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Dark of the Moon

There's a pounding, bombastic light-and-sound show of such ferocious intensity that this slender script is obliterated.

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It's odd that a play written in 1943 could be so postmodern, but such is the Howard Richardson/William Berney semi-hit of yesteryear, Dark of the Moon, now at Point Park's Conservatory Theatre.

Here's the deal: There's an old folk song about a woman named Barbara Allen, who is so loved by a Witch Boy that he makes a deal to become human. In the way of these things, it doesn't end happily. Richardson & Berney dramatized that story using the song as a blueprint. So far, so good. However ...

Barbara and Witch Boy actually sing the song in the play ... the script requires that they know a song which outlines their tragic ending. And I just can't wrap my head around that.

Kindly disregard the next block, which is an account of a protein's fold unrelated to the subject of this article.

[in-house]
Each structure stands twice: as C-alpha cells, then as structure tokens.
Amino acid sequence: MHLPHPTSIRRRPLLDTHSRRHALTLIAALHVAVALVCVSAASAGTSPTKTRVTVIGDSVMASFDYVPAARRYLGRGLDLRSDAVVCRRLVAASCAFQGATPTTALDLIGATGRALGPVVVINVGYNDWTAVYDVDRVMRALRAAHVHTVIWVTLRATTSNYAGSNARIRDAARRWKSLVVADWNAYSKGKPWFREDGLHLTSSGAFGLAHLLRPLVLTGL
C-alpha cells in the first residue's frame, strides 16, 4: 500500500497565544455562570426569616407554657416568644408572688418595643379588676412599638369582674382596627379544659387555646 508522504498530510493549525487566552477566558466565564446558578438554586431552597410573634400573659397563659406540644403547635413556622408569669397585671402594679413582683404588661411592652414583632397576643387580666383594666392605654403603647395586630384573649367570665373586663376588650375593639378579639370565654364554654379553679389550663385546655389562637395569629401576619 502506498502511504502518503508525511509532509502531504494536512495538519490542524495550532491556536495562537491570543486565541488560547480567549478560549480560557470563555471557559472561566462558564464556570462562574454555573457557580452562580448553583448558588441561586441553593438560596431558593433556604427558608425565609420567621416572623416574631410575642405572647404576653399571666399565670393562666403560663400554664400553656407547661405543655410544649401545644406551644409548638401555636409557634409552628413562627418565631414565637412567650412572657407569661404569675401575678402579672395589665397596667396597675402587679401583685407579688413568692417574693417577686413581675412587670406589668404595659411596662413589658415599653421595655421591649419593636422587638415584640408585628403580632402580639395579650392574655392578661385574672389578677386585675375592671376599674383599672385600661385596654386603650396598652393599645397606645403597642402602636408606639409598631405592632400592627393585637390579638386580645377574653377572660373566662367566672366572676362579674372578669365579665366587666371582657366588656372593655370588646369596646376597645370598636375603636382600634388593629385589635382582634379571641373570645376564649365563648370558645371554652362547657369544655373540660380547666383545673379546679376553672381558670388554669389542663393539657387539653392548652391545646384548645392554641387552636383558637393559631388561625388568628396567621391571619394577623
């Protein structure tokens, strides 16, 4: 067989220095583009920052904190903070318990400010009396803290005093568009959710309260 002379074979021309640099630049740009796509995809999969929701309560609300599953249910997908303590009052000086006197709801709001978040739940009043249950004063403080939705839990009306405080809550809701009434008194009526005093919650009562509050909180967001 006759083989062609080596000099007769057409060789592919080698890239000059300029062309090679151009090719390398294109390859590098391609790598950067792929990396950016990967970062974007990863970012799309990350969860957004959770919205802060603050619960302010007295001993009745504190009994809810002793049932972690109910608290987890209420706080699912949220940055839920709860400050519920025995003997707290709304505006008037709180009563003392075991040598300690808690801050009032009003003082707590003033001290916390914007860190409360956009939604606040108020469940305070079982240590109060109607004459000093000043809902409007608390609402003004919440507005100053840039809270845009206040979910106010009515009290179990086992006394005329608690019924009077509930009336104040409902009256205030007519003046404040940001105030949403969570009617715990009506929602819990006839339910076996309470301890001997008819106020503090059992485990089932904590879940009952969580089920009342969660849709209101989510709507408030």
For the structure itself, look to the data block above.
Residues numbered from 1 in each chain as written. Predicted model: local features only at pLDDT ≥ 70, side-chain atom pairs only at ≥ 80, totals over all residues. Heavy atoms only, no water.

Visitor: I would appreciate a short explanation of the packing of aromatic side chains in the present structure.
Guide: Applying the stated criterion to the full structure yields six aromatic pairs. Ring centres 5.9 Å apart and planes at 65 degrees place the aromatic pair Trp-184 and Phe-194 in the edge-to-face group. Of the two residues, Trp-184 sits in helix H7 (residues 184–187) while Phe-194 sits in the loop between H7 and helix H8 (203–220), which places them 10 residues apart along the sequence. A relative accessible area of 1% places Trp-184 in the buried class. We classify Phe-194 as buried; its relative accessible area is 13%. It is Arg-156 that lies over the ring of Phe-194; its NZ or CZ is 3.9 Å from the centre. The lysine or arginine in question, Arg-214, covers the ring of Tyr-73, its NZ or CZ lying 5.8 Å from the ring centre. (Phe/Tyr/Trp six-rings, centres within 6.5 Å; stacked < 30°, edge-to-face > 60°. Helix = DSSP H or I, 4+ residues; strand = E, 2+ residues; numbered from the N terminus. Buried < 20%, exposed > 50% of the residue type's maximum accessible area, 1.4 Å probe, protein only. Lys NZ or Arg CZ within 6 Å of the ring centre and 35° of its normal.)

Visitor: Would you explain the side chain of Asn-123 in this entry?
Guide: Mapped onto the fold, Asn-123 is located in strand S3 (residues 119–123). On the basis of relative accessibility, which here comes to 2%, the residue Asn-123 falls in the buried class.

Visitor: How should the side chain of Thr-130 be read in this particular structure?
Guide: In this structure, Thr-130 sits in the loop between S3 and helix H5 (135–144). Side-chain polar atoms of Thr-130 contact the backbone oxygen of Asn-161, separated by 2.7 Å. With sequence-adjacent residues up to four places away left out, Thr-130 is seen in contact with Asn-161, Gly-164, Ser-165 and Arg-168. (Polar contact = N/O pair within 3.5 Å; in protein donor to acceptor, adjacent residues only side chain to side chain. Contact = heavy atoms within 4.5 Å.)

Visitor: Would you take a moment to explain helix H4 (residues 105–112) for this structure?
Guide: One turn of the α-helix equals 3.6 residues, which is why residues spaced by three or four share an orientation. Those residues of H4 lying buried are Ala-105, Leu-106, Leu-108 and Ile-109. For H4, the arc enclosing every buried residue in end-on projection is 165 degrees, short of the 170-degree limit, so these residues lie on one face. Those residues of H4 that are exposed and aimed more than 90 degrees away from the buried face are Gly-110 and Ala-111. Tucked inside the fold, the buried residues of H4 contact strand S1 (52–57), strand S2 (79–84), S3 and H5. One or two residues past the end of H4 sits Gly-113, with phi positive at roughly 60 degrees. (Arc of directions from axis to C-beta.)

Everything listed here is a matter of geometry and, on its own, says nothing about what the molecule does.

I mean, say you're a showgirl named Lola, and you and your boyfriend, Tony, work at a nightclub called Copacabana. And as part of your club act you sing about a showgirl named Lola and her boyfriend Tony and how a guy named Rico ruined their lives. Now say one night that a guy named Rico actually walks into the joint ... wouldn't you be running out the back door instead of encoring the second verse?

But Barbara and Witch Boy keep moving toward their tragic ending ... singing the whole trip.

If nothing else, it's something to chew on while watching the show, which is, really, a slight, wispy sort of thing.

Although I'm not sure that they know that at Point Park. Director Jack Allison and his production team have put on a pounding, bombastic light-and-sound show with such ferocious intensity that this slender script is obliterated. It's not that what they've done isn't loaded with talent. But what it has to do with this pokey little play I couldn't tell you.

Allison does get very strong performances from a first-rate cast, led by Cami Glauser and Jaron Frand as our romantic leads. Everyone is nuance-free, but that's what Allison has aimed for.

Which, ultimately, doesn't work. Dark of the Moon is set in the Smokey Mountains, after all, and not an amphitheatre in ancient Greece.

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